This series covers all areas of research at Perimeter Institute, as well as those outside of PI's scope.
With two confident binary black hole mergers already detected in their first observing run, the advanced LIGO detectors are expected to detect hundreds more in coming years. We are poised to learn more about compact binary (e.g., BNS, NSBH, BBH) formation
In 2015 the LIGO detectors observed gravitational waves from two distinct stellar-mass binary black hole mergers. This long awaited feat now opens avenues to explore astrophysical questions which cannot, or are difficult to, be answered purely by electromagnetic means. Massive stars which end their lives in a pair-instability supernova are not thought to leave a remnant behind, meaning there should exist a gap in the black hole mass spectrum. In this talk I will discuss whether LIGO observations can tell us something about this apparent mass gap.
Galaxy mergers are a standard aspect of galaxy formation and evolution, and most (likely all) large galaxies contain supermassive black holes. As part of the merging process, the supermassive black holes should in-spiral together and eventually merge, generating both continuous gravitational waves and a background of gravitational radiation in the nanohertz to microhertz regime. An array of precisely timed pulsars spread across the sky can form a galactic-scale gravitational wave detector in the nanohertz band.
The spectral action functional of noncommutative geometry provides a model of Euclidean (modified) gravity, possibly coupled to matter. The terms in the large energy asymptotic expansion of the spectral action can be computed via pseudodifferential calculus. In the case of highly symmetric spacetimes, like Robertson-Walker metrics and Bianchi IX gravitational instantons, there is a richer arithmetic structure in the spectral action, and the terms in the asymptotic expansion are expressiblein terms of periods of motives and of modular forms.
By a celebrated theorem of Jacob Lurie, an extended TQFT is entirely determined by what it assigns to a point. It is natural to ask whether this theorem applies to TQFTs of physical interest. And, if yes, what do these theories assign to a point? In this talk, I will propose an answer for the case of 3-dimensional Chern-Simons theory. I will then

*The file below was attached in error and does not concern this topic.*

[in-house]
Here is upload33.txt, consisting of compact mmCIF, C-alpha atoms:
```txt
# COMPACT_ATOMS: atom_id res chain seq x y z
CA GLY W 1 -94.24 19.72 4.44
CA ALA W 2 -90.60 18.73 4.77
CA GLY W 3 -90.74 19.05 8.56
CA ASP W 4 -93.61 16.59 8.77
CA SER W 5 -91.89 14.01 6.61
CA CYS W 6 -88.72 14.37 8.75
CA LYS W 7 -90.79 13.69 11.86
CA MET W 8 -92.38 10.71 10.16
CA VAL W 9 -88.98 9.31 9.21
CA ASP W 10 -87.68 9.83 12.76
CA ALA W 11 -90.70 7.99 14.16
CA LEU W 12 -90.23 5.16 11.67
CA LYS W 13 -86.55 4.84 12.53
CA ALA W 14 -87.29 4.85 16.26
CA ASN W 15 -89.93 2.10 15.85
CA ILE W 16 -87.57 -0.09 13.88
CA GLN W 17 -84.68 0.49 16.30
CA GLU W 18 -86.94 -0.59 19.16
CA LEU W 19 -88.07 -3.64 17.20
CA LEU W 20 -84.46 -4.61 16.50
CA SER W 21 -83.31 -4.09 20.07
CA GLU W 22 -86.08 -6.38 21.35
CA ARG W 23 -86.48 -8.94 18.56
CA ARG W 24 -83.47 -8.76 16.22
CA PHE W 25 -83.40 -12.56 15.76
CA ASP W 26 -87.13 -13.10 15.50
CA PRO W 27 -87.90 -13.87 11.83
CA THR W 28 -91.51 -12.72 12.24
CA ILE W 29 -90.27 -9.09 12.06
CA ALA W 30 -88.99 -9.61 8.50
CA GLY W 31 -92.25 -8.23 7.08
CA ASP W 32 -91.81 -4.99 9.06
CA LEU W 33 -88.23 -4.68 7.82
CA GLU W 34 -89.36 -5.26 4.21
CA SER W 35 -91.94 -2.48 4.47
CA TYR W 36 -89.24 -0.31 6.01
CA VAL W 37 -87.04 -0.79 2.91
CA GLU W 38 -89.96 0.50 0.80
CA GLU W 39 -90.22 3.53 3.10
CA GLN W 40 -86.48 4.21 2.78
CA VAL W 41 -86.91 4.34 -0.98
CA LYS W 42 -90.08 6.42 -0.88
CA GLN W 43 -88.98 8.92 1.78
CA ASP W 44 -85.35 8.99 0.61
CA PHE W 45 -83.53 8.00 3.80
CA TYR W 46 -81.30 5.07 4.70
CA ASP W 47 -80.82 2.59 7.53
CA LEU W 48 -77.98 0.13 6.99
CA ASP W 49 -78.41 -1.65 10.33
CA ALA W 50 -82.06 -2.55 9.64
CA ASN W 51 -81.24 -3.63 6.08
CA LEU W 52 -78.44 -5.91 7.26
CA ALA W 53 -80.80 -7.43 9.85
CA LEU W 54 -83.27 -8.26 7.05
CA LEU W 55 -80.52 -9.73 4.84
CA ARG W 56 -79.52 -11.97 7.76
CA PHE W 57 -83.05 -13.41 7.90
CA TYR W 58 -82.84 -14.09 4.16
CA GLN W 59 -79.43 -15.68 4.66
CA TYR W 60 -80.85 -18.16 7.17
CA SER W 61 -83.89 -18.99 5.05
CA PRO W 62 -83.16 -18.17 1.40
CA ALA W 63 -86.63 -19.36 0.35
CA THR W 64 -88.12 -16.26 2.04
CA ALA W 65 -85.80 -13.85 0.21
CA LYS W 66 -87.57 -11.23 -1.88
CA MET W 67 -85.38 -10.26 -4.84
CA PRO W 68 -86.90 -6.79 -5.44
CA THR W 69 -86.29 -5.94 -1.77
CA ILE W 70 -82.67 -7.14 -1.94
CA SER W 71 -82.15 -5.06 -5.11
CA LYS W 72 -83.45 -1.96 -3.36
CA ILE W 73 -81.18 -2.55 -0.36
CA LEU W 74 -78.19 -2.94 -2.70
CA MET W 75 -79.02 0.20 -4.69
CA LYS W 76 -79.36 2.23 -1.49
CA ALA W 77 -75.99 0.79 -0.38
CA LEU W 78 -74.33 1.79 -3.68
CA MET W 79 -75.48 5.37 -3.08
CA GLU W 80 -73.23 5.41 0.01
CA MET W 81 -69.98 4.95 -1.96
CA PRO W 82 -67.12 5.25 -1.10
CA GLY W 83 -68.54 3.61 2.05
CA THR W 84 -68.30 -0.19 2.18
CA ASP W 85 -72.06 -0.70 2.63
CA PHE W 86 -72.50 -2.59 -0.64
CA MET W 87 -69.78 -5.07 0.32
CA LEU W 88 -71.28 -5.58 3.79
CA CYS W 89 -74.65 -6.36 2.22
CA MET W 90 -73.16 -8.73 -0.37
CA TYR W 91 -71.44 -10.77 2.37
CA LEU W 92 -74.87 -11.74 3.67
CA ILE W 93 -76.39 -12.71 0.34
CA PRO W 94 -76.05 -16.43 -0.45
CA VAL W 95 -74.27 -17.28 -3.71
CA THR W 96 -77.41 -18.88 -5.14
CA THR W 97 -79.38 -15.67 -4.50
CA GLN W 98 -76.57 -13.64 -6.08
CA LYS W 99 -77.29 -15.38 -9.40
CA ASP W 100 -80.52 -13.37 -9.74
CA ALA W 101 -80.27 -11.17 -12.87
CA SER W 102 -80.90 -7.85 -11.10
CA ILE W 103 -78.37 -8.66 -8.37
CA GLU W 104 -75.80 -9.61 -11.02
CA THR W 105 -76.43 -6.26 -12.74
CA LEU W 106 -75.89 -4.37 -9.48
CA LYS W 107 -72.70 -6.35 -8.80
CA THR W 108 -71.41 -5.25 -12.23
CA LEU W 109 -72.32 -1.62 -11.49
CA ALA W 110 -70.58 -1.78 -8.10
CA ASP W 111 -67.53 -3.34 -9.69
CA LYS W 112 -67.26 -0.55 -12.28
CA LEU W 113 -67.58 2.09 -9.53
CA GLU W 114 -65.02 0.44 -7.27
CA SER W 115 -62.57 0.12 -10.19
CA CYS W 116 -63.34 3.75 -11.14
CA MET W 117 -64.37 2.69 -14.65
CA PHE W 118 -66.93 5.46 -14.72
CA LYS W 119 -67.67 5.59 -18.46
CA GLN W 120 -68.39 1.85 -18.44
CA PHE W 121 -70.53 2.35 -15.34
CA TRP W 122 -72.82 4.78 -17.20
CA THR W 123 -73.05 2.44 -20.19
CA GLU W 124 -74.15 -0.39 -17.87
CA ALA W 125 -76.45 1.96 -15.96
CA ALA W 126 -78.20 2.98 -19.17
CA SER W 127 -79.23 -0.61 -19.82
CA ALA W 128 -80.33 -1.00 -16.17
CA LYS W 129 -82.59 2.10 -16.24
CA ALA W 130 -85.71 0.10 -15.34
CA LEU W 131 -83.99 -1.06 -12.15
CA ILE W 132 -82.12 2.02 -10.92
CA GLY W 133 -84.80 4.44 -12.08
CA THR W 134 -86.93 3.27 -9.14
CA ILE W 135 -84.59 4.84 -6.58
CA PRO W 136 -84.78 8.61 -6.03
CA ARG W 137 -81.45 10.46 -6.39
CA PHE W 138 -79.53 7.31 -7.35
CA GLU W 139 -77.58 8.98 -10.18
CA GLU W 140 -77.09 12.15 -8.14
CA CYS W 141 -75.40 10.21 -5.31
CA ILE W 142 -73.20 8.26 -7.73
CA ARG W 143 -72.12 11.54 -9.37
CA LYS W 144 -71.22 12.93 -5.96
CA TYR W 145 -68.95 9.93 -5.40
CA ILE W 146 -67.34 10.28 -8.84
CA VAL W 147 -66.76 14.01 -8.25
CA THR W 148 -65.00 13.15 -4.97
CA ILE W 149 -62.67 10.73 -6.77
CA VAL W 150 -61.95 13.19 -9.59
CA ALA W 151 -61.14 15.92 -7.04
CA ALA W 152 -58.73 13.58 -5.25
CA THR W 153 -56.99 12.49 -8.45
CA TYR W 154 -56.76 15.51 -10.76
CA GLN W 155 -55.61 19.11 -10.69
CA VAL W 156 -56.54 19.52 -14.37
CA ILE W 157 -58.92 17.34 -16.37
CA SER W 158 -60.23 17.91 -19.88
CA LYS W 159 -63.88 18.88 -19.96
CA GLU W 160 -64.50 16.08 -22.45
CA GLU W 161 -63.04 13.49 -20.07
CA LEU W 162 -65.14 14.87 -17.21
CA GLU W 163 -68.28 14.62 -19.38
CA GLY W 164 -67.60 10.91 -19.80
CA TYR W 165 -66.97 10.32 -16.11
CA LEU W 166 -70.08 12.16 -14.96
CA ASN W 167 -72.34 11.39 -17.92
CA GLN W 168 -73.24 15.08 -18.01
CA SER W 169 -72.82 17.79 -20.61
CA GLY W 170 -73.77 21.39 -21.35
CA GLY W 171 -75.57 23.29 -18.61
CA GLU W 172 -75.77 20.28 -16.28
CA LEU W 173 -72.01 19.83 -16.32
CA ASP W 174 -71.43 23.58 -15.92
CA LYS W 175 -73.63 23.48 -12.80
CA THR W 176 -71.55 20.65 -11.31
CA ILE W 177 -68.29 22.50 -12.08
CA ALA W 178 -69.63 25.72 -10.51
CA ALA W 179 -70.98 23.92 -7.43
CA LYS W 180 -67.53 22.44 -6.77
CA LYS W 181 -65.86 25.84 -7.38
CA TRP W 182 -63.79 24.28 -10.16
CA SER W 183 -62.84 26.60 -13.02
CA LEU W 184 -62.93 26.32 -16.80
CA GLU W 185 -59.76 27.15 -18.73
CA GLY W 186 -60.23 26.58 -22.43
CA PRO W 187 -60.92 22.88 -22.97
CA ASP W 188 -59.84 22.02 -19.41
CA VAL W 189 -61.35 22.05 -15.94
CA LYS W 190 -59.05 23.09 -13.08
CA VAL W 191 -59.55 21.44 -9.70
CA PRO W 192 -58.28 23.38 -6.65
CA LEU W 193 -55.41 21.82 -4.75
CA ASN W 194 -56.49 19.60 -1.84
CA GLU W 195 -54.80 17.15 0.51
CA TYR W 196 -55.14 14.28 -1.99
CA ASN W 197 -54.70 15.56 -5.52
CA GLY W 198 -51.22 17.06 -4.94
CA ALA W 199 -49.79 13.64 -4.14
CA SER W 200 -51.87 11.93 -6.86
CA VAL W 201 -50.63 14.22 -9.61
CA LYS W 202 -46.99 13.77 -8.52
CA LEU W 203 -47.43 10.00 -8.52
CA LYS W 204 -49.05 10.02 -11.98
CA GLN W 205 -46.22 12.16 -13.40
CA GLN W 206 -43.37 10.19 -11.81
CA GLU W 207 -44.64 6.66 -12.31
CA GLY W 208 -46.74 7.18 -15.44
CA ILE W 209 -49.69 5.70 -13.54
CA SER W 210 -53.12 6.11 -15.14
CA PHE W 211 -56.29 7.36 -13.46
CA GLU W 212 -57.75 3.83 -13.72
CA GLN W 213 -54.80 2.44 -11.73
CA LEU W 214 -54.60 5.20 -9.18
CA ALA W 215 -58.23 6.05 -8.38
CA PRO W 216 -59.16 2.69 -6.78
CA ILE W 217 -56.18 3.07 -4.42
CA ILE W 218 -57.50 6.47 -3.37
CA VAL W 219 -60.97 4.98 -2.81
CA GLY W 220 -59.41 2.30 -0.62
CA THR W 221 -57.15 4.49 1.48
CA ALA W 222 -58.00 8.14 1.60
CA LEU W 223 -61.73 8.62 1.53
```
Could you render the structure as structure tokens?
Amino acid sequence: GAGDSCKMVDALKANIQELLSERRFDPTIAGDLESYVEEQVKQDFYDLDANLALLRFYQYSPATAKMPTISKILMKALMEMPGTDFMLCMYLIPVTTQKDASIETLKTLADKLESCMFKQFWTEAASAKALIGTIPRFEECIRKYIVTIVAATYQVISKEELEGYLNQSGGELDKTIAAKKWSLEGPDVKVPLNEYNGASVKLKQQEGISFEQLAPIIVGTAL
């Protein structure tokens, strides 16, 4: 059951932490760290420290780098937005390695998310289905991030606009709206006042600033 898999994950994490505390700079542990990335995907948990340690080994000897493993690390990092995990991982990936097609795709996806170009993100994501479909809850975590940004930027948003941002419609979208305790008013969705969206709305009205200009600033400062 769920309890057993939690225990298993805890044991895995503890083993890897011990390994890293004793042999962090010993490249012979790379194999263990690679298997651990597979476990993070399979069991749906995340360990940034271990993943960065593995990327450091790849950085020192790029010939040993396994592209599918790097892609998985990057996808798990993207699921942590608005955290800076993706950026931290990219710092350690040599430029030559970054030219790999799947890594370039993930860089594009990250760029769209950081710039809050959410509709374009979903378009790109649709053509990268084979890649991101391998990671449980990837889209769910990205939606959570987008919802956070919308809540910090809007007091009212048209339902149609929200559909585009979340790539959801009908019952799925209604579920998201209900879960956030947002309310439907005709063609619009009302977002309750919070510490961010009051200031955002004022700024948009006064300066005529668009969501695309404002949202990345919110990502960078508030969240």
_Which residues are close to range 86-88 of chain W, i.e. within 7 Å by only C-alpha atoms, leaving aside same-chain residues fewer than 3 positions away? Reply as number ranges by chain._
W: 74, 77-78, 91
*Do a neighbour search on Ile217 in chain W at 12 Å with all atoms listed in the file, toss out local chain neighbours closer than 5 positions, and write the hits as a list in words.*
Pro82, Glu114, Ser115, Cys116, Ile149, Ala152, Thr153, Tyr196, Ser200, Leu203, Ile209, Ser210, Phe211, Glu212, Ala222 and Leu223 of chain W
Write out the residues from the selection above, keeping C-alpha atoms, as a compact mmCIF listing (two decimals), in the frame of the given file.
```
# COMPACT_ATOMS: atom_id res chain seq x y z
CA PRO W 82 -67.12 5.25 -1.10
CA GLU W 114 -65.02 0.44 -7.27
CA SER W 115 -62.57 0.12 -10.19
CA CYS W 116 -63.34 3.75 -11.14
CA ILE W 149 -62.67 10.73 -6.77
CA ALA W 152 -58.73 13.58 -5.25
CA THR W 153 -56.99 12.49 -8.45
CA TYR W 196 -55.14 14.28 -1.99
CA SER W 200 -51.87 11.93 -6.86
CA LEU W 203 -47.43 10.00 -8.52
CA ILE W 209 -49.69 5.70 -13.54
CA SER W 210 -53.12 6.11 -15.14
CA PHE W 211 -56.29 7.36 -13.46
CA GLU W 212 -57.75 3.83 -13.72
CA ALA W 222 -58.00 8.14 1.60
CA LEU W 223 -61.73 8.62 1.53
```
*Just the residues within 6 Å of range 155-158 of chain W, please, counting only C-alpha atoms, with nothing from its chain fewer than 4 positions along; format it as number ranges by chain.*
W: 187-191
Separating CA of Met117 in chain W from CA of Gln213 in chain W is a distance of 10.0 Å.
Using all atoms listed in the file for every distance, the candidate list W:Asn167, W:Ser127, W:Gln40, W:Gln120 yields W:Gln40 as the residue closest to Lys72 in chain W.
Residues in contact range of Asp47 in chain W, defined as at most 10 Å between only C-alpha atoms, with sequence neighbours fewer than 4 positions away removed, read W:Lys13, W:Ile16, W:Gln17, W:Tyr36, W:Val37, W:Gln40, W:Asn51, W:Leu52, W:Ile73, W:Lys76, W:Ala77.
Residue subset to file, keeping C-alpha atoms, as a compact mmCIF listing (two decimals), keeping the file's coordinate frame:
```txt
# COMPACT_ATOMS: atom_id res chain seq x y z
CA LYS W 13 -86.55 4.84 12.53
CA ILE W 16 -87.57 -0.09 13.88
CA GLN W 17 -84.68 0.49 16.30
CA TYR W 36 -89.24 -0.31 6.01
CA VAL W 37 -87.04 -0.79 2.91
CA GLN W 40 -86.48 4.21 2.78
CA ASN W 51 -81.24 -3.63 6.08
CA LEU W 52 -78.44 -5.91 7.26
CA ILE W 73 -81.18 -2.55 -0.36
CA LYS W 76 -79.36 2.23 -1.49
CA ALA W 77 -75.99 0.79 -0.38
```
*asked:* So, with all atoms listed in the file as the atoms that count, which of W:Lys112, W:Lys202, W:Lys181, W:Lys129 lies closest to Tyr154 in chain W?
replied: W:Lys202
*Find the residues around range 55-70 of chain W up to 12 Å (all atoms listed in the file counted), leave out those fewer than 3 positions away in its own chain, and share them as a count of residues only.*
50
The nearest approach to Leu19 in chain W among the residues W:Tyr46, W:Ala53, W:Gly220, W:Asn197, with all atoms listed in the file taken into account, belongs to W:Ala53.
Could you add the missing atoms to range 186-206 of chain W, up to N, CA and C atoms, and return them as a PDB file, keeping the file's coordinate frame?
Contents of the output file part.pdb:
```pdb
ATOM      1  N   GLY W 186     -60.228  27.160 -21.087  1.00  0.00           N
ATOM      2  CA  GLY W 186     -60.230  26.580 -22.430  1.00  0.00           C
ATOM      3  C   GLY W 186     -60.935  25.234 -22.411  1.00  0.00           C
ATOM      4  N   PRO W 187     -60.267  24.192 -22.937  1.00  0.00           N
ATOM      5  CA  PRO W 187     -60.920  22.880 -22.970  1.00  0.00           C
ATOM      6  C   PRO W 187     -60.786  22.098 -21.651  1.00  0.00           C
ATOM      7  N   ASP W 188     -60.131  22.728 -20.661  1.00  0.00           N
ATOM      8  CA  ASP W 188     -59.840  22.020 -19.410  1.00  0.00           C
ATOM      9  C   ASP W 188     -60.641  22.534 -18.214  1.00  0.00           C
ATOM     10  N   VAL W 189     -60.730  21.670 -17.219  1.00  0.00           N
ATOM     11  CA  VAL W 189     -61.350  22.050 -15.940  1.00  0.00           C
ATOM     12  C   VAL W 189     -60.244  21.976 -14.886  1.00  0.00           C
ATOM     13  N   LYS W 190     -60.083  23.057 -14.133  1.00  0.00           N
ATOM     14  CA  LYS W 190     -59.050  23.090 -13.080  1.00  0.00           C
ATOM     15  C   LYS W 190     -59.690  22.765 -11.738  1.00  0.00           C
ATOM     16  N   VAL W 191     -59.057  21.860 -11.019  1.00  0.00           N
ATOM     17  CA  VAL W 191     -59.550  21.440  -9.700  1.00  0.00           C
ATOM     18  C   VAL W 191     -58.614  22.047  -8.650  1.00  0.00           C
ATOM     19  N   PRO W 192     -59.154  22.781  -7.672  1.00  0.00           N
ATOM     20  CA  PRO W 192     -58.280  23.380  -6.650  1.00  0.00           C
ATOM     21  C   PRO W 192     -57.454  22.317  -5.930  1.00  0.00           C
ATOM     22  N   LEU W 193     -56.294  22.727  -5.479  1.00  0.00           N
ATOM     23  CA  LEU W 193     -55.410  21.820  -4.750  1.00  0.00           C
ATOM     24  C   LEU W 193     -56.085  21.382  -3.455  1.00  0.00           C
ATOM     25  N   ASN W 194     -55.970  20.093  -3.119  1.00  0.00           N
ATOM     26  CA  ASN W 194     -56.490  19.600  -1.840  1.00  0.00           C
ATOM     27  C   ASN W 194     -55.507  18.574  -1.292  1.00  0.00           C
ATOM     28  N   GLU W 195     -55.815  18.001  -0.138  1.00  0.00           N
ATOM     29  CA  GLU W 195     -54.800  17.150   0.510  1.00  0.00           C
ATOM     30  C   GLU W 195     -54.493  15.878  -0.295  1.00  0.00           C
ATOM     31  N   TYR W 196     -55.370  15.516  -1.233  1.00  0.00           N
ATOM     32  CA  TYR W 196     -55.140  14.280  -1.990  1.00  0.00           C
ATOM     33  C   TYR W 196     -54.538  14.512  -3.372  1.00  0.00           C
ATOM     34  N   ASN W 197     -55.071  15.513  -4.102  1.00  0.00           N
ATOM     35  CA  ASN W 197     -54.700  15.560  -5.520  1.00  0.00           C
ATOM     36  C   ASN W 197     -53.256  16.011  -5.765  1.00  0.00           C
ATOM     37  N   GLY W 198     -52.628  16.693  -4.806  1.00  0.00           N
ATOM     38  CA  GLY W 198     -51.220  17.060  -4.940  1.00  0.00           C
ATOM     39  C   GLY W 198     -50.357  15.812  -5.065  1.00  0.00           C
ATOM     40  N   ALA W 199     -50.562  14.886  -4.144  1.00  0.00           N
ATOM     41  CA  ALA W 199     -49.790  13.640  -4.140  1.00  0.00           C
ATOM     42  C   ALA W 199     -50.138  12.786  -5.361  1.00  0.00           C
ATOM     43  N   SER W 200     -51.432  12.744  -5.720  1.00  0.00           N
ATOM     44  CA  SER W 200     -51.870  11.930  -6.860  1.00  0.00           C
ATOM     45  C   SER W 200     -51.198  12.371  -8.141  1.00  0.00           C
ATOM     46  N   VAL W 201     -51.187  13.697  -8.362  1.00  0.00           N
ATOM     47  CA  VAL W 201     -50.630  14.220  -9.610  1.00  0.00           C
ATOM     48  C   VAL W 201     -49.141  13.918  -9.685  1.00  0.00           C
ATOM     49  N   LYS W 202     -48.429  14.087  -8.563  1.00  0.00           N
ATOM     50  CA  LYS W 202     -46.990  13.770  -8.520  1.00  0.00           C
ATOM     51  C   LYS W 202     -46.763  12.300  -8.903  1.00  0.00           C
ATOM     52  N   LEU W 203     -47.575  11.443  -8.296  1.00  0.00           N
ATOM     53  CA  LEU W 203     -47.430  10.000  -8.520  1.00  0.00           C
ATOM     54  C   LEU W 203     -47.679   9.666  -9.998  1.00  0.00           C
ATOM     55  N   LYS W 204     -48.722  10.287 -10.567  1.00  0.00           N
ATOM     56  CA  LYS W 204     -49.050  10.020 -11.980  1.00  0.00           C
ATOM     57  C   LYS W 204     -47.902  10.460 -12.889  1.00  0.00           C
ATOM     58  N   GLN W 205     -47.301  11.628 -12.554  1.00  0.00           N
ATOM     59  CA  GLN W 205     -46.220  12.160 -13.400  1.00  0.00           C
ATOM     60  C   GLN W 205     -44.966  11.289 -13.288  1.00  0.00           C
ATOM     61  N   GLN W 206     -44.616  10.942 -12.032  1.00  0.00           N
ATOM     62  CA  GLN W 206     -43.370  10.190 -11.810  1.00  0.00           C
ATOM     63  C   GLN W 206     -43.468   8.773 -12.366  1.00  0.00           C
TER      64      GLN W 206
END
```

Laser-cooled trapped ions are among the most versatile experimental platforms for exploring quantum information. In this talk, I will give a brief overview of this system and its capabilities to simulate non-trivial interacting quantum models. Internal states of these ions, such as hyperfine states, constitute well isolated qubit (or spin-1/2) states, with quantum coherence demonstrated up to fifteen minutes. Individual qubits states can be detected by laser beams with near perfection.
The discovery of the Higgs boson at the LHC in 2012 was a watershed in particle physics. Its existence focuses attention on the outstanding questions about physics beyond the Standard Model: is `empty' space unstable? what is the dark matter? what is the origin of matter? what is the explanation for the small masses of the neutrinos? how is the hierarchy of mass scales in physics established and stabilized? what drove inflation?
Black holes of 1 million to 20 billion solar masses have been found at the centers of galaxies.
Conformal Field Theory (CFT) describes the long-distance
dynamics of numerous quantum and statistical many-body systems. The
long-distance limit of a many-body system is often so complicated that
it is hard to do precise calculations. However, powerful new
techniques for understanding CFTs have emerged in the last few years,
based on the idea of the Conformal Bootstrap. I will explain how the
Bootstrap lets us calculate critical exponents in the 3d Ising Model